These multiple layers and reinforcements allow for impressive inflation pressures, like at Shark SUPs whose recommended pressure is 20psi and up to 25psi.
We should salute Gladiator Paddleboards’ complete makeover of their range for 2022, now offering great readability. Instead of presenting its iSUPs by discipline, the brand has opted for segmentation based on three levels of construction: Origin (double skin Fusion), Pro (+triple Xstrong reinforcement at the rails) and Elite (woven dropstitch). “We do have a wide range of boards but it’s a very simple range to understand” says marketing manager Gary Willingham, adding that “each range has 3 boards that do the same thing but for different size people, Allround, Performance All round and Touring”.
The Germanic brand Tripstix stands alone in terms of construction with their VacuuAir and Cluster technologies, multi-chamber designs whose tubes with their various diameters allow them to create more refined shapes than with classic dropstitch. And this brings us on neatly to the next section!
Inflatable SUPs: refined shapes
2022 will not be a year of massive upheaval, the all–round models will continue to supply the overwhelming majority of the market and will bring few innovations apart from in their constructions as mentioned above. But – and there is a ‘but’ – we note that year after year, brands are successfully refining the shapes of their iSUPs, bringing them closer to the shape of rigid boards. For example, the new whitewater model from Aqua Marina, the aptly named Rapid, benefits from Arch EdgeTMtechnology, i.e. a raised centre bar and tail to provide more responsiveness underfoot. Another practice along the same lines is on the 12’6” Ocean Touring from Indiana, equipped “with some rocker instead of a straight shape for a smoother ride on waves or downwinders without a nose dive“, explains Nikolaus Dietrich. At Shark SUPs, their new Performance Touring features a nose cone, an appendage that mimics the shape of rigid SUPs and cuts through the water’s surface better. It’s the same idea on the Voyager from Red Paddle Co who are continuing the V-Hull system launched in 2021 – a profiled hull shape under the front third, which helps to “break the tension on the surface of the water” and to paddle with less effort. Also worth mentioning are the channels on the Adventure Duna 11’6″ touring model from Jobe Sports, which are not shaped on the hull like a rigid board, but are an accessory attached underneath the board to channel the water flow.
The design of Starboard’s iCON allows for a concave deck and hull on an inflatable SUP, which addsstability and allows you to place your feet close to the rail without any trouble, explains SveinRasmussen. To round off this trend of “shaped” iSUPs, let’s use the Beluga 8’4″ SUP, described by Tripstix as an example of “an inflatable hardboard”. Having such rigidity at a thickness of just 4cm at its ends is impressive and it also has a true rocker throughout the whole length.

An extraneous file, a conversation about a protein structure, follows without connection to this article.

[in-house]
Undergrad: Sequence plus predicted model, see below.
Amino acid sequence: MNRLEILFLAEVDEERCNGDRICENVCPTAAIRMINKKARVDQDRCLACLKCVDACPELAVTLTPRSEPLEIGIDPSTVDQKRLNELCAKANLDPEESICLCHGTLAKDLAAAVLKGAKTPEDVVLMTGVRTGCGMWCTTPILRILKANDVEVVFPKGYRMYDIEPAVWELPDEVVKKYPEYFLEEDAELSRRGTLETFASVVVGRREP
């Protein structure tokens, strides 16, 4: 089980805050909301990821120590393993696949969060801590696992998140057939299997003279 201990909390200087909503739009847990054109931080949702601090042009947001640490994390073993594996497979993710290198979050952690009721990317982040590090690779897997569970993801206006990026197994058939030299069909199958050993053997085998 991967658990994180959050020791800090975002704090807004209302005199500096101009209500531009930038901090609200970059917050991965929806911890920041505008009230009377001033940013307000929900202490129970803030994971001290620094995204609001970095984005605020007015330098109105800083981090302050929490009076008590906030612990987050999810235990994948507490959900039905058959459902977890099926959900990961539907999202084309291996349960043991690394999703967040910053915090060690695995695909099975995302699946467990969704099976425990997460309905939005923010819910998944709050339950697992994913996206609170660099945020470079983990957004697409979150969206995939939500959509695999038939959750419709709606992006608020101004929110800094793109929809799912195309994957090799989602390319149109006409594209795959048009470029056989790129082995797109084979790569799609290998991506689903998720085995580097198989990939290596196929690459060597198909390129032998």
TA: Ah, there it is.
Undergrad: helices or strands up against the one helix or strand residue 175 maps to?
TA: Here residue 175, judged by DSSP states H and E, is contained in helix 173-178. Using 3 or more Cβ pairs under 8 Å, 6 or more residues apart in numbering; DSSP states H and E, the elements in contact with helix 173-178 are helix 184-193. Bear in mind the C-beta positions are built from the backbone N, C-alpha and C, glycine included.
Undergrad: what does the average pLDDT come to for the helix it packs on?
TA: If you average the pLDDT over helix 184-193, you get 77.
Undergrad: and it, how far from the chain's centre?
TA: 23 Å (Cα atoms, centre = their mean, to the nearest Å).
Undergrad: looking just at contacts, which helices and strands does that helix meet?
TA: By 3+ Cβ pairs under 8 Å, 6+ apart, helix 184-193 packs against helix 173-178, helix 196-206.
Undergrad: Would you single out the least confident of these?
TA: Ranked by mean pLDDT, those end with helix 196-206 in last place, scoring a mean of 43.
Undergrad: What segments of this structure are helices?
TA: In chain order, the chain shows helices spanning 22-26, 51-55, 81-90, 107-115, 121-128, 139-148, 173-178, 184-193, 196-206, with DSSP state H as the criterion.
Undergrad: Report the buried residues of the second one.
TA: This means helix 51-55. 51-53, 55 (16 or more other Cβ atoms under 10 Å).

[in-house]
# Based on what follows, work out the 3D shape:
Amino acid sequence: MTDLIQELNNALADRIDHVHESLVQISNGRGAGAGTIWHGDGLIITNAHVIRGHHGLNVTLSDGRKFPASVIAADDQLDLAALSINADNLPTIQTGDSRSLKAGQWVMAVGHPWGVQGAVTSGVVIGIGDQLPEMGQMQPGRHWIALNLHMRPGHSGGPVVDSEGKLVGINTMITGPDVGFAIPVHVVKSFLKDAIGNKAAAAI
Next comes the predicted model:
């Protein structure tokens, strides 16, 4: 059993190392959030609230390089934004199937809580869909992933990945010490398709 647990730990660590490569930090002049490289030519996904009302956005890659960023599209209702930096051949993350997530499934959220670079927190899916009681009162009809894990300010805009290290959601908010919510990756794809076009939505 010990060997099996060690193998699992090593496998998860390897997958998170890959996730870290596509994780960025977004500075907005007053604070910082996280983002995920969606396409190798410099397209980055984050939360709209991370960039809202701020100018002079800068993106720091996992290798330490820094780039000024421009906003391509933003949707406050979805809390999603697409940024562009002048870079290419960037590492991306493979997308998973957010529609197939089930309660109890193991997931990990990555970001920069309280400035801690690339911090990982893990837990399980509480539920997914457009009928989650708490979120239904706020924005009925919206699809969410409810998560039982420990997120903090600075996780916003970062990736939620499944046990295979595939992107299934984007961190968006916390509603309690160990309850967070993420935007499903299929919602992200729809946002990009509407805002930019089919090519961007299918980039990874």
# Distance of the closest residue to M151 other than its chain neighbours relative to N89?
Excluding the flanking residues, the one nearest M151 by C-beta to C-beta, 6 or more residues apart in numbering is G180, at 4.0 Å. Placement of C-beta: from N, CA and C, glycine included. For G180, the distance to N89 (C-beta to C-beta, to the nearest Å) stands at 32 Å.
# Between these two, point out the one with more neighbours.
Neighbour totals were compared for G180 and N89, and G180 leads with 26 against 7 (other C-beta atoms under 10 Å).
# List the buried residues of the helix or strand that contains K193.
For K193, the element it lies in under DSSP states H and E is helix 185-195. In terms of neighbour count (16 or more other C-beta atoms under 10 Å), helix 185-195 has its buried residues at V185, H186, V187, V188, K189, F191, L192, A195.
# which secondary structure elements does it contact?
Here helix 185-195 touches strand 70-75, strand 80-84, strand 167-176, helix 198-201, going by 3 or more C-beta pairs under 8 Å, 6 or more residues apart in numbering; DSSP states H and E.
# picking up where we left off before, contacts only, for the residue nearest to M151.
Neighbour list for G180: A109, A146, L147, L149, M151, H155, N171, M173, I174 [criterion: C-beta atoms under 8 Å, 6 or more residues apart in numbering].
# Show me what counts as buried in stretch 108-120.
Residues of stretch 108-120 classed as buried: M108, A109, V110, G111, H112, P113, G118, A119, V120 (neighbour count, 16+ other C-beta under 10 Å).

Inflatable SUPs: specialty boards
Beyond this design-based trend, iSUP continues to evolve as an activity. Touring boards are of course the second board of choice for paddlers who started out on all–round models and now want to go faster, further and with a board that has a more racy look. These are the exact attributes showcased by Spinera with their new Suptour Light, a 12′ in ULT construction (double skin, ultra-light) and the 12’6” Alpha from Sroka (Fusion tech, 3 layers on the rails).
These longer and more imposing models are not necessarily more cumbersome to transport either: here we’re thinking about the 12′ Compact from Red Paddle Co, which occupies half the volume of a classic 12′ once it is stored in its carrying case.
Other more specialist iSUPs still occupy some of the market, starting with the SUP/Kayak hybrids. They have pretty much been around since the beginning of stand-up paddle history, but only in the last few years have they exploded. Launched last year, Tahe’s Beach SUP-YAK has proven to be a big sales success, a convertible 10’6″ with optional flip-up seat, footrest and hybrid paddle. Bote also havea wide range of Rackham-compatible SUP kayaks, including their innovative Apex Pedal Drive, an accessory that can turn the SUP into a pedal boat, complete with propeller and rudder!
Most brands are also highlighting the four “D-ring” attachment points that allow models to be transformed into pseudo kayaks by adding a seat, like the 10’6” Terra from Aztron or Mistral’s 13’2” adventure board.
Another trend, still marginal, but one that brands are watching closely, is that of E-SUPs. Motorized SUPs are far outside our precious boardsports world, but they are capable of seducing a new, non-endemic customer base. Jobe Sports are presenting the E-Duna 11’6″ version, whose “engine in the board not only propels the board but it also acts as a portable pump.”. At Tahe, global brand manager Jacques Freydrich is also announcing the upcoming arrival of an E-power SUP, with integrated motor and battery.